Jacynthe Carrier

Beauty and the Abandoned
Photographer examines the spaces between natural and urban landscape - where anything may happen

Jacynthe Carrier l Photo: Sophie Perreault-Allen Jacynthe Carrier l Photo: Sophie Perreault-Allen

"I was always amazed by these scarred landscapes. They're ugly, but beautiful at the same time: it's sort of an attraction/repulsion phenomenon."

Jacynthe Carrier is describing her fascination with nature and with developed land that has been abandoned or is little used, like decommissioned railway tracks or hydro line-cuts. Specifically, she's intrigued by areas where the two meet, and the contradiction that creates.

These areas beckon her to create a human event, to populate the scene with people gathered to do something but not to rebuild, as if to re-occupy the space just long enough to reinforce the human imprint.

"These spaces are not for settling down in. These are spaces for something to happen in," she explains, her eyes glued to the computer screen in an editing suite of the high-tech Visual Arts building.

The image she's looking it is of a bleak landscape dotted with a handful of people. The colours are somewhat muted, the people unsmiling. They seem to be waiting for something; Carrier has an idea what it is, but she wants viewers to create their own narratives.

The third-year MFA student in Photography calls such tableaux scenes de genres, allegorical ones in the style of Renaissance painters. Often her scenes feature people dressed in clothes reminiscent of Roma, or gypsies. People have told her there's a nomadic quality to her work, and she doesn't disagree.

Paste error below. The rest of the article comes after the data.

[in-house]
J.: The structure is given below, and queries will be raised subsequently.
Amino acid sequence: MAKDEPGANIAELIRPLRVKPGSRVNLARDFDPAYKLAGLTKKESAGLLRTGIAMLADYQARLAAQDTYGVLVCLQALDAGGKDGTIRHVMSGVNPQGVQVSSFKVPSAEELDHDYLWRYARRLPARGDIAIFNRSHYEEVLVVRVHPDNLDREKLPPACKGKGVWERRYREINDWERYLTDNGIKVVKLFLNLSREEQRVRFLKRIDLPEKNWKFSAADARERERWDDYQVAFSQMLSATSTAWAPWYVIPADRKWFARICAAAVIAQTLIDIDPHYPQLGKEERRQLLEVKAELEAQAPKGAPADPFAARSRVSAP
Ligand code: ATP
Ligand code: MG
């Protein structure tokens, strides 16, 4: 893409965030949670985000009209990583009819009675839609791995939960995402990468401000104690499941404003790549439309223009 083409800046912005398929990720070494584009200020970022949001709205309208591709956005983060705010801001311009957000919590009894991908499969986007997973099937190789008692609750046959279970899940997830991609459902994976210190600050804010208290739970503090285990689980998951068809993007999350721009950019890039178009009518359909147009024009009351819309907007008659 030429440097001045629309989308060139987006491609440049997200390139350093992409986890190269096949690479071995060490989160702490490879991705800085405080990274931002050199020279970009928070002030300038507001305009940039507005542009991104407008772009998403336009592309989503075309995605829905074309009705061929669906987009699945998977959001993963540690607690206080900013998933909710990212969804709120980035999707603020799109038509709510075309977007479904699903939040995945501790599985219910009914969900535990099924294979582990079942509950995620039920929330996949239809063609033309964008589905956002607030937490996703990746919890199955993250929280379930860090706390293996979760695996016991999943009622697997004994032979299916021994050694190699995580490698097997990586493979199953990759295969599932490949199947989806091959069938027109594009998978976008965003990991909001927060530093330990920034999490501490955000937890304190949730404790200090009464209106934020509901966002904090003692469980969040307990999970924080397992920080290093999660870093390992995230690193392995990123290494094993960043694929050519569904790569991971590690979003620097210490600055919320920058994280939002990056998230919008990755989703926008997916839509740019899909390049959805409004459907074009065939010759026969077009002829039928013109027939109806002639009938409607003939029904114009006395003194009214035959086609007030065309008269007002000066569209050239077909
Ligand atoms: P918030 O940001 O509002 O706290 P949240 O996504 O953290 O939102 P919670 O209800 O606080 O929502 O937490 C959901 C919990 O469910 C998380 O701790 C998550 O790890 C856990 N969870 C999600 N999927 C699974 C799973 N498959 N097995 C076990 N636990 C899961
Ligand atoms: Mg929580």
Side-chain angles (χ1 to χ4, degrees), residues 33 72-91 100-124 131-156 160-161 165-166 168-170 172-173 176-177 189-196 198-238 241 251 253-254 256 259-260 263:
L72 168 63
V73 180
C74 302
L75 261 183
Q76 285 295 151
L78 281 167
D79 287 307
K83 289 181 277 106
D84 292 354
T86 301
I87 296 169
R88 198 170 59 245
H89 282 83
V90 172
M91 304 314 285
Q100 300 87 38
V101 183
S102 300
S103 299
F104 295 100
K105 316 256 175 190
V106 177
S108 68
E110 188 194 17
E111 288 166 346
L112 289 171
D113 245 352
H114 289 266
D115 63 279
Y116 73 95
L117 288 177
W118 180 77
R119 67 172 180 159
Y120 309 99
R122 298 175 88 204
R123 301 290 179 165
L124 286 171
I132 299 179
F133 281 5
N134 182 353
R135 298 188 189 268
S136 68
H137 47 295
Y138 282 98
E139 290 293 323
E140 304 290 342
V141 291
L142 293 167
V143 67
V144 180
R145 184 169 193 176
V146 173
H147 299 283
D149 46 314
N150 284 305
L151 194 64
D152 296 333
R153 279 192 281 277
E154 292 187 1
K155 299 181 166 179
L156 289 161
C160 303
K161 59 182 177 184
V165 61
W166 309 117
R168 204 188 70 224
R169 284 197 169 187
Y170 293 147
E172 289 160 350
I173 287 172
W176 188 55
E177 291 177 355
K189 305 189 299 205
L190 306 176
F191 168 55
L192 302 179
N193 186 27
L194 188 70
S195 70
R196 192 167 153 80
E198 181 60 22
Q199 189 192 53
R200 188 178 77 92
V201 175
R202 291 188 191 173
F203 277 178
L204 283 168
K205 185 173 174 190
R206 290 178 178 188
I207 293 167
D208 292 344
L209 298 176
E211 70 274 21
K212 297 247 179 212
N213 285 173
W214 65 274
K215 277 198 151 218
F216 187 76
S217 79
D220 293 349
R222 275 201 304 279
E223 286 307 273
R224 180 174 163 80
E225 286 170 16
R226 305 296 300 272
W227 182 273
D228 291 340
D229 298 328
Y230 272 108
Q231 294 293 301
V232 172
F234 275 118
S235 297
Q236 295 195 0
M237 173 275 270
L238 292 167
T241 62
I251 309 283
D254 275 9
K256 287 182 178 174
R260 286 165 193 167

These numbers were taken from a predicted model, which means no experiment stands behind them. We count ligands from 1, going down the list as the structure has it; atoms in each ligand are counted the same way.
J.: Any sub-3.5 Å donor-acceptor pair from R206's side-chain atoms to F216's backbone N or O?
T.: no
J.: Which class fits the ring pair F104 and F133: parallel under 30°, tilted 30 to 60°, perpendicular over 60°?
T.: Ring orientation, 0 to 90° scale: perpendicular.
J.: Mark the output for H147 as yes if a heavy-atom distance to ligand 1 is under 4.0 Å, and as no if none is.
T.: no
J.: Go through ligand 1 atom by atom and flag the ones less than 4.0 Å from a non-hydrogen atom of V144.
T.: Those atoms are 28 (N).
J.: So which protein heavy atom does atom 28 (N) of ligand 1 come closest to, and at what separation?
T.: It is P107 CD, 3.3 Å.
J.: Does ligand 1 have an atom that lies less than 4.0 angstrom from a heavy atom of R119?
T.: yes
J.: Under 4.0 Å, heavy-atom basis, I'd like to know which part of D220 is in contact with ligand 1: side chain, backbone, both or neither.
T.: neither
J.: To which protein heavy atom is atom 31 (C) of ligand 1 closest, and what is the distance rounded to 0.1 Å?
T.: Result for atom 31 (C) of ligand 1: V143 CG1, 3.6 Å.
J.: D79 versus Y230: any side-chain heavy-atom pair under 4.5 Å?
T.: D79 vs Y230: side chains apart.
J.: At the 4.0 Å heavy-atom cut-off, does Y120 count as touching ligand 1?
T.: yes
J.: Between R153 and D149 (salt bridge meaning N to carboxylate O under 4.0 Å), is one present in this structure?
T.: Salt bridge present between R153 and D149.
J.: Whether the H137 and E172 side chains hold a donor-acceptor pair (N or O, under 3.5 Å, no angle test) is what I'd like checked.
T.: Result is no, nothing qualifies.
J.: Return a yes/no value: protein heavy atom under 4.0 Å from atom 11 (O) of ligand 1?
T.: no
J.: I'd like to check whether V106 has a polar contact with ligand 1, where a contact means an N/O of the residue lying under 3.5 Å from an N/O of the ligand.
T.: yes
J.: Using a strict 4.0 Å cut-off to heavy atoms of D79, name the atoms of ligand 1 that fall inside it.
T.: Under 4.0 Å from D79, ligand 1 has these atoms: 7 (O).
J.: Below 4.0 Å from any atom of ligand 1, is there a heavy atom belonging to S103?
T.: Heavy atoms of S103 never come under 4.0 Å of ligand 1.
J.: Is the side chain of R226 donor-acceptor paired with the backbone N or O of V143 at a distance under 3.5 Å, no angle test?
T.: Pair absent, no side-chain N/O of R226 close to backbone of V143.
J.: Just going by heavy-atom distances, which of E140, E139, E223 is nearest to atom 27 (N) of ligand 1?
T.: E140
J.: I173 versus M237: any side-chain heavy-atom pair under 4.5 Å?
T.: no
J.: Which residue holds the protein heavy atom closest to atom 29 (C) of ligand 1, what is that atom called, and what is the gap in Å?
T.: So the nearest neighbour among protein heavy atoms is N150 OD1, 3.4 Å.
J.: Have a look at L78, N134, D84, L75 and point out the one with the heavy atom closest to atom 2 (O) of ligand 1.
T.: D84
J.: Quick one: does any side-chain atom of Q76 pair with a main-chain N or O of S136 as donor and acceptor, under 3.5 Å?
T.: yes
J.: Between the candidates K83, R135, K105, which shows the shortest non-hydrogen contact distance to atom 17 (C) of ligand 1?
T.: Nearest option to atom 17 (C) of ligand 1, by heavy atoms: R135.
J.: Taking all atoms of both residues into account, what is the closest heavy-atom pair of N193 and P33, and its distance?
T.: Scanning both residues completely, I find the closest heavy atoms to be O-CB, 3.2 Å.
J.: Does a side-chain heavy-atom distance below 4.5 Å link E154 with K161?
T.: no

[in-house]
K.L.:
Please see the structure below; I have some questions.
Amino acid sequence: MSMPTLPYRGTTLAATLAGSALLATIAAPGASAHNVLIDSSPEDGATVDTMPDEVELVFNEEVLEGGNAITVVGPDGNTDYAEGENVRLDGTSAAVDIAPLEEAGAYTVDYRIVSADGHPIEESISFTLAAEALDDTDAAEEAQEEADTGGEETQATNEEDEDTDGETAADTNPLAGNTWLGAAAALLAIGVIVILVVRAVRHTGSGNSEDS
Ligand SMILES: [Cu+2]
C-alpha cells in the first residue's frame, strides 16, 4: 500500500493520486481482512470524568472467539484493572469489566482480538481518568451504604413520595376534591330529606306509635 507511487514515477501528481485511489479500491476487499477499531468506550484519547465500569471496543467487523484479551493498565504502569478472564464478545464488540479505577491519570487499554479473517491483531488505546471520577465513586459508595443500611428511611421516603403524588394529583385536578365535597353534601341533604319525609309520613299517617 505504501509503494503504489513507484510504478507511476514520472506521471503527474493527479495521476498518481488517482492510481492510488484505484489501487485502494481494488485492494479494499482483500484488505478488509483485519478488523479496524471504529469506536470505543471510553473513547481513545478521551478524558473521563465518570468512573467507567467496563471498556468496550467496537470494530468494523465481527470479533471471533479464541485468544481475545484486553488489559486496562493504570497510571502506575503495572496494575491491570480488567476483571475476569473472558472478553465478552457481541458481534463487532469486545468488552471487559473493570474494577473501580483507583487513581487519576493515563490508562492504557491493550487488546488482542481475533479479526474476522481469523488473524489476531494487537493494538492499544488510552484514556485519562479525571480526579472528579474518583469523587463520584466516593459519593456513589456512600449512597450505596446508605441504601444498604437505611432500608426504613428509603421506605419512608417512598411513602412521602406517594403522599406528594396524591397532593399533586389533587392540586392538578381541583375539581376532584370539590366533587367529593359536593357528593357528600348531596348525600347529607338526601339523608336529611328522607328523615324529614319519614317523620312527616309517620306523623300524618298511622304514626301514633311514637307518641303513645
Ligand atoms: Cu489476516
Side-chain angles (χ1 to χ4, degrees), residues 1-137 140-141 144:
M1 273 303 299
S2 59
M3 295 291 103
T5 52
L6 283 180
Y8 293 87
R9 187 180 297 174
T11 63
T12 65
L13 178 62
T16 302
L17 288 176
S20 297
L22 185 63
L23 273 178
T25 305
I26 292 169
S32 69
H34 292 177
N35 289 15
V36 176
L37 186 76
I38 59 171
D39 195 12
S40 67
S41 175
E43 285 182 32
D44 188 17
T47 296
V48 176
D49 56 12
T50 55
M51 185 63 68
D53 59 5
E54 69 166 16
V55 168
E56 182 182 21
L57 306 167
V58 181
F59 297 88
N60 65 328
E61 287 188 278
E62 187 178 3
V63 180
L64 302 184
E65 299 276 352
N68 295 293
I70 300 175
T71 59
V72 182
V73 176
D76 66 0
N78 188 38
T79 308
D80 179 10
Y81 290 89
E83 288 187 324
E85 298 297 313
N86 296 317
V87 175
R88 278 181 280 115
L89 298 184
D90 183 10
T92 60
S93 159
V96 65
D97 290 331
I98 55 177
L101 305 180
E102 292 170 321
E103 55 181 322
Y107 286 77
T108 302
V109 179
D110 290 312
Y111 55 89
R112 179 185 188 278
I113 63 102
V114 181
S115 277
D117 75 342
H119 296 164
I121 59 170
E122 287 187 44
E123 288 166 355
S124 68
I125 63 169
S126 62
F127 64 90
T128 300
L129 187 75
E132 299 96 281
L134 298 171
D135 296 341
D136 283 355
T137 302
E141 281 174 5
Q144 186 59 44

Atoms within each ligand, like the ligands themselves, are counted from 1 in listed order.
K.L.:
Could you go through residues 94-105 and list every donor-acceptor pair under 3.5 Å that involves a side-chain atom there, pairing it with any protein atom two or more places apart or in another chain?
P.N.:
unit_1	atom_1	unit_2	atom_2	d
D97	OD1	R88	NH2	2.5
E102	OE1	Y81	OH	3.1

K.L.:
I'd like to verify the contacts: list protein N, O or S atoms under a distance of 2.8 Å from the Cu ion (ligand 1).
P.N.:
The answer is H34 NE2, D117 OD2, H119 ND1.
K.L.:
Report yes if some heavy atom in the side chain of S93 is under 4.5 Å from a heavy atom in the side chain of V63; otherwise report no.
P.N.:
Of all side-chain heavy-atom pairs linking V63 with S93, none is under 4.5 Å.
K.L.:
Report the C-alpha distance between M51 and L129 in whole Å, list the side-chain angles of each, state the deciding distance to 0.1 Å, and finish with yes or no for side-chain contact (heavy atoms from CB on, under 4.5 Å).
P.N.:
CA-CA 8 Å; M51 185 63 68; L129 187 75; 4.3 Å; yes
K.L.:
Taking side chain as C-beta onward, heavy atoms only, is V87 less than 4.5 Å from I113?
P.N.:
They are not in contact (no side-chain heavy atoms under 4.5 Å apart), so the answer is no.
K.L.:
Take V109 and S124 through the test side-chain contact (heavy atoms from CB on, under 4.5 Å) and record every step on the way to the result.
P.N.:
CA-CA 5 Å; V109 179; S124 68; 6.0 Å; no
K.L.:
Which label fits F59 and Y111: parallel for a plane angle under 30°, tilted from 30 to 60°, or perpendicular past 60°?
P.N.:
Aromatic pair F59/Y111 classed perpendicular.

"I am very attracted to this way of living,' she says. "There are ideas of migration, of women and generations."

A nomadic streak

The artist might well be relating to her own life, since she's been splitting her time between her hometown of Quebec City and Montreal for years. Before Concordia, she earned her BA in Visual and Media Art at the Université de Québec à Montréal. She wanted to have a graduate experience - the time, space and resources to concentrate on her research - and so applied to several Quebec universities, choosing Concordia for the impressive facilities of its renowned Photography program.

These include resources for videography, in which Carrier expresses her vision equally. She produced a striking short, À l'errance (2010), in which a video camera sweeps in and among the stock-still subjects, each in a different pose, who seem frozen in time on an abandoned railway track. Done in a single take with a single camera, viewers have the distinct impression they're walking through a three-dimensional still life.

Jacynthe Carrier, Commémore, ink jet print, 76 cm x 102 cm, 2010. Click to enlarge. Jacynthe Carrier, Commémore, ink jet print, 76 cm x 102 cm, 2010. Click to enlarge.

An homage to nomadic lifestyle, À l'errance won Carrier the Prix à la création artistique by the Conseil des arts et des lettres du Québec in early 2011, and has been shown in Brazil, France and the U.S. Carrier will also likely gain exposure for her work being shown at the Musée d'art contemporain de Montréal as part of the Triennial exhibition, as well as from having recently earned a Dick and Gretchen Evans Fellowship.

But, Carrier likes to keep her eyes on her work. She talks about a recent video piece, called Rites (2011), a three-video channel installation in which a camera moves around a post-Apocalyptic scene amongst subjects who are each performing a single task. It speaks to another element that brings her energy: her human subjects.

"I love being with people, bringing them together and creating a kind of universe. It's very exciting to be part of this."

 

Jacynthe Carrier is a Concordia finalist for the 2013 Claudine and Stephen Bronfman Fellowship in Contemporary Art. The recipient will  be announced May 22, 2013.
* Update: in December 2012, Carrier received the Prix Pierre-Ayot


Story by Liz Crompton. Posted on Jan. 25, 2012

Back to top

© Concordia University